Effects of age and physical activity status on redistribution of joint work during walking.Gait Posture. 2016 10; 50:131-136.GP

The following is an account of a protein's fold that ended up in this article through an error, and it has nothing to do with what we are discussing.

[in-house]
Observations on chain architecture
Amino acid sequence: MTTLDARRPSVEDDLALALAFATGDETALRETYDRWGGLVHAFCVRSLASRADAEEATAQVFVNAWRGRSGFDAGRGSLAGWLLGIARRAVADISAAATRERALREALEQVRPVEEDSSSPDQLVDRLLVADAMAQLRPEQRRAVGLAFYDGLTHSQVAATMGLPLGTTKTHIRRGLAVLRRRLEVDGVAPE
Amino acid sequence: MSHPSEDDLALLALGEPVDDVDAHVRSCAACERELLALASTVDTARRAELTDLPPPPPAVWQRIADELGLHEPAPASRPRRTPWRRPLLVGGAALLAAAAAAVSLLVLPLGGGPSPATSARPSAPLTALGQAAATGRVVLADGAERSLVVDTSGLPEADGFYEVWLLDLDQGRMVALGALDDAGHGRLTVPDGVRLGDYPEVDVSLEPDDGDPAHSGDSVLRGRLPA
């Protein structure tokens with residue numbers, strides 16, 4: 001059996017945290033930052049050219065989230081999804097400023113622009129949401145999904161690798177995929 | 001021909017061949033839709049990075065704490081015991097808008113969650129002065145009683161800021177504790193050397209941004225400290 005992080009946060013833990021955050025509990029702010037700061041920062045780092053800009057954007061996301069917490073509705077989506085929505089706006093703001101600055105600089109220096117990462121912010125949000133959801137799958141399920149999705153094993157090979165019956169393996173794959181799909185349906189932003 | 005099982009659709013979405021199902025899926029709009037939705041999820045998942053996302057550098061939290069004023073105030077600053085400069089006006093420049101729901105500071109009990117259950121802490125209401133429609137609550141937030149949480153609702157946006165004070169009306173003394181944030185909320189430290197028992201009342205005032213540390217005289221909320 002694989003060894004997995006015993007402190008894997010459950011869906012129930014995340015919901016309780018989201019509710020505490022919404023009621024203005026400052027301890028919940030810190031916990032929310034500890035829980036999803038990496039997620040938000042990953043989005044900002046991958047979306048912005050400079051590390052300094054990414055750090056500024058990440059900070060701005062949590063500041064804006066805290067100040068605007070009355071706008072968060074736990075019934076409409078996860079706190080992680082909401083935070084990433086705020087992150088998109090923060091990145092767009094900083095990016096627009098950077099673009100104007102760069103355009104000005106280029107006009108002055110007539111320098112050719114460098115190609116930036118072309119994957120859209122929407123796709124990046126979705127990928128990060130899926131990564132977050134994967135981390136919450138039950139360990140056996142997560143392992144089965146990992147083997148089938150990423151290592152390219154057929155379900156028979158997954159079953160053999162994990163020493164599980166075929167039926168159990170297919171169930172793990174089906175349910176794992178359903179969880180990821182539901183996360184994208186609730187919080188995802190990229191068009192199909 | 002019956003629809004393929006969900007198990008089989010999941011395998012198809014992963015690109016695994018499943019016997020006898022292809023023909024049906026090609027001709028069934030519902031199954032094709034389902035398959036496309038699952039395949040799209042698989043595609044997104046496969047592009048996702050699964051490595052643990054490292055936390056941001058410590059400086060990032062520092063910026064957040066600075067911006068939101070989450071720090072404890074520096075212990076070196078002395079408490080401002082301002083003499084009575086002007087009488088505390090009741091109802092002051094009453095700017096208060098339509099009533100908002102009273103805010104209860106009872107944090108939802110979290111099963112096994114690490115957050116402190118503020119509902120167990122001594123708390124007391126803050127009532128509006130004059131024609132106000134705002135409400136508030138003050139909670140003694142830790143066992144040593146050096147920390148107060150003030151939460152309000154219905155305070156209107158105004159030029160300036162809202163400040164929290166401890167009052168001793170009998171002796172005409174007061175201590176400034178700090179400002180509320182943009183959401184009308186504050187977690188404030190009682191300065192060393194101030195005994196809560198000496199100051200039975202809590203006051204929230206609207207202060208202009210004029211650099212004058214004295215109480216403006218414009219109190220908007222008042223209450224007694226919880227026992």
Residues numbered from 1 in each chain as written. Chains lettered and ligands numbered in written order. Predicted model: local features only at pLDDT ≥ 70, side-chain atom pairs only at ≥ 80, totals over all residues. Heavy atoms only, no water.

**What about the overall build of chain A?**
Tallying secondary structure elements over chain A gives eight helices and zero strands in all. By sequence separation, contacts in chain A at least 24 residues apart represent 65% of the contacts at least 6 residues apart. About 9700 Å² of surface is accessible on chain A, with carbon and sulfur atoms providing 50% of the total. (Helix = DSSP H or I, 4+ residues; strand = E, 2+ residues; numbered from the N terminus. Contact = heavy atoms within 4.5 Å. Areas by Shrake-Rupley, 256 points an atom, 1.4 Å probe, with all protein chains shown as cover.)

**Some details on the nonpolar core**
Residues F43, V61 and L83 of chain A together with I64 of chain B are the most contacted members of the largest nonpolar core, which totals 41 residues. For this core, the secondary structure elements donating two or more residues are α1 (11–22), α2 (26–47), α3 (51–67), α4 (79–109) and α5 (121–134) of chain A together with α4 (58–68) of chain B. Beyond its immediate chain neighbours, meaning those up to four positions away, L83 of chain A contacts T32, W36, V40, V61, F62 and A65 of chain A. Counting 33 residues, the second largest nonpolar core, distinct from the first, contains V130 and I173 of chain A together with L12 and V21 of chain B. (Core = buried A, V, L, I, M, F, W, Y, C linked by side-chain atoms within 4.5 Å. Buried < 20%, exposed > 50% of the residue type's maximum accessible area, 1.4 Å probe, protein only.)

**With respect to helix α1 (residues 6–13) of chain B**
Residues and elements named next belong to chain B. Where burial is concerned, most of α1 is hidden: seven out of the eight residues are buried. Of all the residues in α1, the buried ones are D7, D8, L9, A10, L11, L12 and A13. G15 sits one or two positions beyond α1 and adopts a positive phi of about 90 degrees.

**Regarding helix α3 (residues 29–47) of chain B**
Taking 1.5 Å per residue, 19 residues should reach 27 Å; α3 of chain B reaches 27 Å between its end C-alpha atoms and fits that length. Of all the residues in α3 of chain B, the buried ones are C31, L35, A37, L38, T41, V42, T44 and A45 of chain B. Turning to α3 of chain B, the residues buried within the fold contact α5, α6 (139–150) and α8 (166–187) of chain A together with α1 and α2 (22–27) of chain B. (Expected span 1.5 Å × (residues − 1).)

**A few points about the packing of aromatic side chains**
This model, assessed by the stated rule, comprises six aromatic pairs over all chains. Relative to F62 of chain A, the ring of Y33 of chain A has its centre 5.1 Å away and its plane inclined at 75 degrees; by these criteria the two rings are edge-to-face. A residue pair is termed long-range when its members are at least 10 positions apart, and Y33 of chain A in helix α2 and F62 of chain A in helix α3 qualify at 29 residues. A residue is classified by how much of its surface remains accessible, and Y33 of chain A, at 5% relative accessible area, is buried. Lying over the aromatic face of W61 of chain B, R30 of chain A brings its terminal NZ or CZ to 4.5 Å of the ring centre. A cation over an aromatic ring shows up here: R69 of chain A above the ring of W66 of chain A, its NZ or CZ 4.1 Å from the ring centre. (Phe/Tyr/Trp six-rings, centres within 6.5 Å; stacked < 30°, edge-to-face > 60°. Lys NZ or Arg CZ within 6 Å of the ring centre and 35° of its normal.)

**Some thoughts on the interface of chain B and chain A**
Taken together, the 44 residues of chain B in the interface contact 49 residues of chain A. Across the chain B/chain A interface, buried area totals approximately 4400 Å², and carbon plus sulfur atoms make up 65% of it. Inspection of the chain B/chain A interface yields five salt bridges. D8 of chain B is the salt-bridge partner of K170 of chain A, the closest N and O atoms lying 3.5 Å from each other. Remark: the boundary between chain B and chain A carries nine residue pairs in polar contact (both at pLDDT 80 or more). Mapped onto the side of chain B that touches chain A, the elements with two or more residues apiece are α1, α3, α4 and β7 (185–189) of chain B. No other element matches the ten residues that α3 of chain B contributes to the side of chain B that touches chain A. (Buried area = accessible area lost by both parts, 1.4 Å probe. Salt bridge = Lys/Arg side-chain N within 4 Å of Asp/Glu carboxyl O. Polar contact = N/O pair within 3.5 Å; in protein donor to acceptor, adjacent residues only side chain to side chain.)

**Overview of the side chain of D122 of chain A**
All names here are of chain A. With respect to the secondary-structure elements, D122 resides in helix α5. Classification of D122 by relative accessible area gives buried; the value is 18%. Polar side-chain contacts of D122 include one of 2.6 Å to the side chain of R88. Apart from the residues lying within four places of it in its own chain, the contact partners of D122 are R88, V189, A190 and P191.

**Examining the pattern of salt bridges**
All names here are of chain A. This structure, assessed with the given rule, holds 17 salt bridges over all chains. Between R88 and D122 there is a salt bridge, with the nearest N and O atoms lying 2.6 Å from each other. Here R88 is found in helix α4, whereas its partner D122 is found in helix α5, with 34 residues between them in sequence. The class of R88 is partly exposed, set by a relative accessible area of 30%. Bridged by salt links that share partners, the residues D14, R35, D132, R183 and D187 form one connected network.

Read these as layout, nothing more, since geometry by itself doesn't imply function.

During walking older adults rely less on ankle and more on hip work than young adults. Disproportionate declines in plantarflexor strength may be a mechanism underlying this proximal work redistribution. We tested the hypothesis that proximal redistribution is more apparent in older compared to young adults and in sedentary compared to active individuals over multiple walking speeds. We recruited 18 young (18-35 yrs) and 17 older (65-80 yrs) physically active and sedentary adults. Participants completed five trials at four walking speeds as marker positions and ground reaction forces were collected. Sagittal plane net joint moments were computed using inverse dynamics. Instantaneous joint powers for the ankle, knee, and hip were computed as products of net joint moments and joint angular velocities. Positive joint work was computed by integrating hip, knee, and ankle joint powers over time in early, mid, and late stance, respectively. Relative joint work was expressed as a percentage of total work. Isokinetic strength of lower limb flexor and extensor muscles was measured. Older adults had lower relative ankle (p=0.005) and higher relative hip (p=0.007) work than young adults for multiple speeds. Non-significant trends (p<0.10) indicating sedentary participants had lower relative ankle (p=0.068) and higher relative hip work (p=0.087) than active adults were observed. Age-related differences in plantarflexor strength were not disproportionate compared to strength differences in knee and hip musculature. Age influenced proximal work redistribution over multiple walking speeds. Physical activity status showed a similar trend for proximal work redistribution, but failed to reach statistical significance.